Use The Rule Of 72 To Get Your Duplex Investment Back

Have you heard of the Rule of 72?

It’s a quick and simple way to quickly calculate a rough idea of how long it will take your dollars invested in a duplex, stock, or anything else to double in value given the investment’s rate of return.

For example, if you have money in the stock market, and it’s earning an average rate of return of 8 percent, it will take 9 years for your money to double. 72/8 percent = 9 years.

Does it work for real estate too?


The trouble with real estate however, is there are so many rates of return you can use to calculate your doubling time! (This is a good thing.)

First, remember the money you have invested in the property (down payment) is what the calculation of the return is based on.

Let’s say your down payment on a $100,000 property was $20,000. After expenses and your mortgage, your annual positive cash flow is $1600, which gives you a cash on cash rate of retun of 8 percent. Using the Rule of 72, we divide 72 by 8, which gives you approximately 9 years for it to double.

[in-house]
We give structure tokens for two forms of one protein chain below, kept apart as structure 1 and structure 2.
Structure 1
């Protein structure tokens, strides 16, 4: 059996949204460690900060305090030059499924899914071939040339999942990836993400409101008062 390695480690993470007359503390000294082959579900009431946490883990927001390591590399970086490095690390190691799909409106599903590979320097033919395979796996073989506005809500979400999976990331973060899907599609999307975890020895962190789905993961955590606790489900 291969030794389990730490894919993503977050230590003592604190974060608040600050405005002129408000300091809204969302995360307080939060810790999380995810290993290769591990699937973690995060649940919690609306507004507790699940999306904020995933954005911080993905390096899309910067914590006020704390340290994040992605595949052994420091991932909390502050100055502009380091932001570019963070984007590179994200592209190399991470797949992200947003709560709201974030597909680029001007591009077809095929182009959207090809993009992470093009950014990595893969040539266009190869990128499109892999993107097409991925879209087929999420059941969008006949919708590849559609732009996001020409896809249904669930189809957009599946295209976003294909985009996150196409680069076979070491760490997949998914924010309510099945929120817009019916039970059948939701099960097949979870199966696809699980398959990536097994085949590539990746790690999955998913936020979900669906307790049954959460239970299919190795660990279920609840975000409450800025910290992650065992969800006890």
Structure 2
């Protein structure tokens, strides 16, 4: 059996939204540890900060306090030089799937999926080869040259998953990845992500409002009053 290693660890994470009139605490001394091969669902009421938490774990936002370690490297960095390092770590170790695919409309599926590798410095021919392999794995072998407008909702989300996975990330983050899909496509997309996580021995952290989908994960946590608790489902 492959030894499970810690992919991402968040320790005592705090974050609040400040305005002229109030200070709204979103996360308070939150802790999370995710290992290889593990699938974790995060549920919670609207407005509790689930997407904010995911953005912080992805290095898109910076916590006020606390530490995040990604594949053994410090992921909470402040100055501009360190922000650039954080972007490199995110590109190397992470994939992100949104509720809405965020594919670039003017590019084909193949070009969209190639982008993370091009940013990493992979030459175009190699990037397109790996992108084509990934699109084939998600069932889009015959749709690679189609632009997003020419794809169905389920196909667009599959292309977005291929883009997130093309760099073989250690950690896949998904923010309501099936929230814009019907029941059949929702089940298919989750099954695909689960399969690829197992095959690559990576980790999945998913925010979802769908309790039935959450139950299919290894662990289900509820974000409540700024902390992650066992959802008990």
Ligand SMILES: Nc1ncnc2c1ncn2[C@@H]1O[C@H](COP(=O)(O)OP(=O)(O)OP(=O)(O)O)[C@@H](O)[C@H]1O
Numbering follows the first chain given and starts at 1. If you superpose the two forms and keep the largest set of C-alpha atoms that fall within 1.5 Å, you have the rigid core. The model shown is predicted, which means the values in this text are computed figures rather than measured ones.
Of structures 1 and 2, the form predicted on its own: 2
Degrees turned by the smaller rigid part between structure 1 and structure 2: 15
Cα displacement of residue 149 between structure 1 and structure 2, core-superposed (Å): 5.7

How about if you add all the benefits of investing in real estatate and divide it by your down payment?

As a reminder, those are cash flow, principal paydown, tax savings and appreciation. While I never count on or calculate appreciation, let’s say in this case you get an annual rate of 2 percent.

Using just made up numbers, let’s say you get $2000 in appreciation, $2000 in cash flow, pay off $1200 worth of the loan and save $500 on your taxes. In all, your $20,000 investment generates $5700 in benefits. That is the equivalent of a 28.5 percent overall rate of return. Take 72 and divide it by 28.5 and you get your total investment back out of the property in 2.6 years.

Yes, I realize the math doesn’t work exactly. However, the Rule of 72, isn’t meant to be scientific or precise. Rather, it’s meant as a way for you to get a bird’s eye view of how fast you will get your money back out.

And two or even three years in real estate to be made whole is faster than eight or nine years in stock.

As great as this rule is, one thing about the Rule of 72 has always puzzled me.

Who had enough time to figure it out anyway?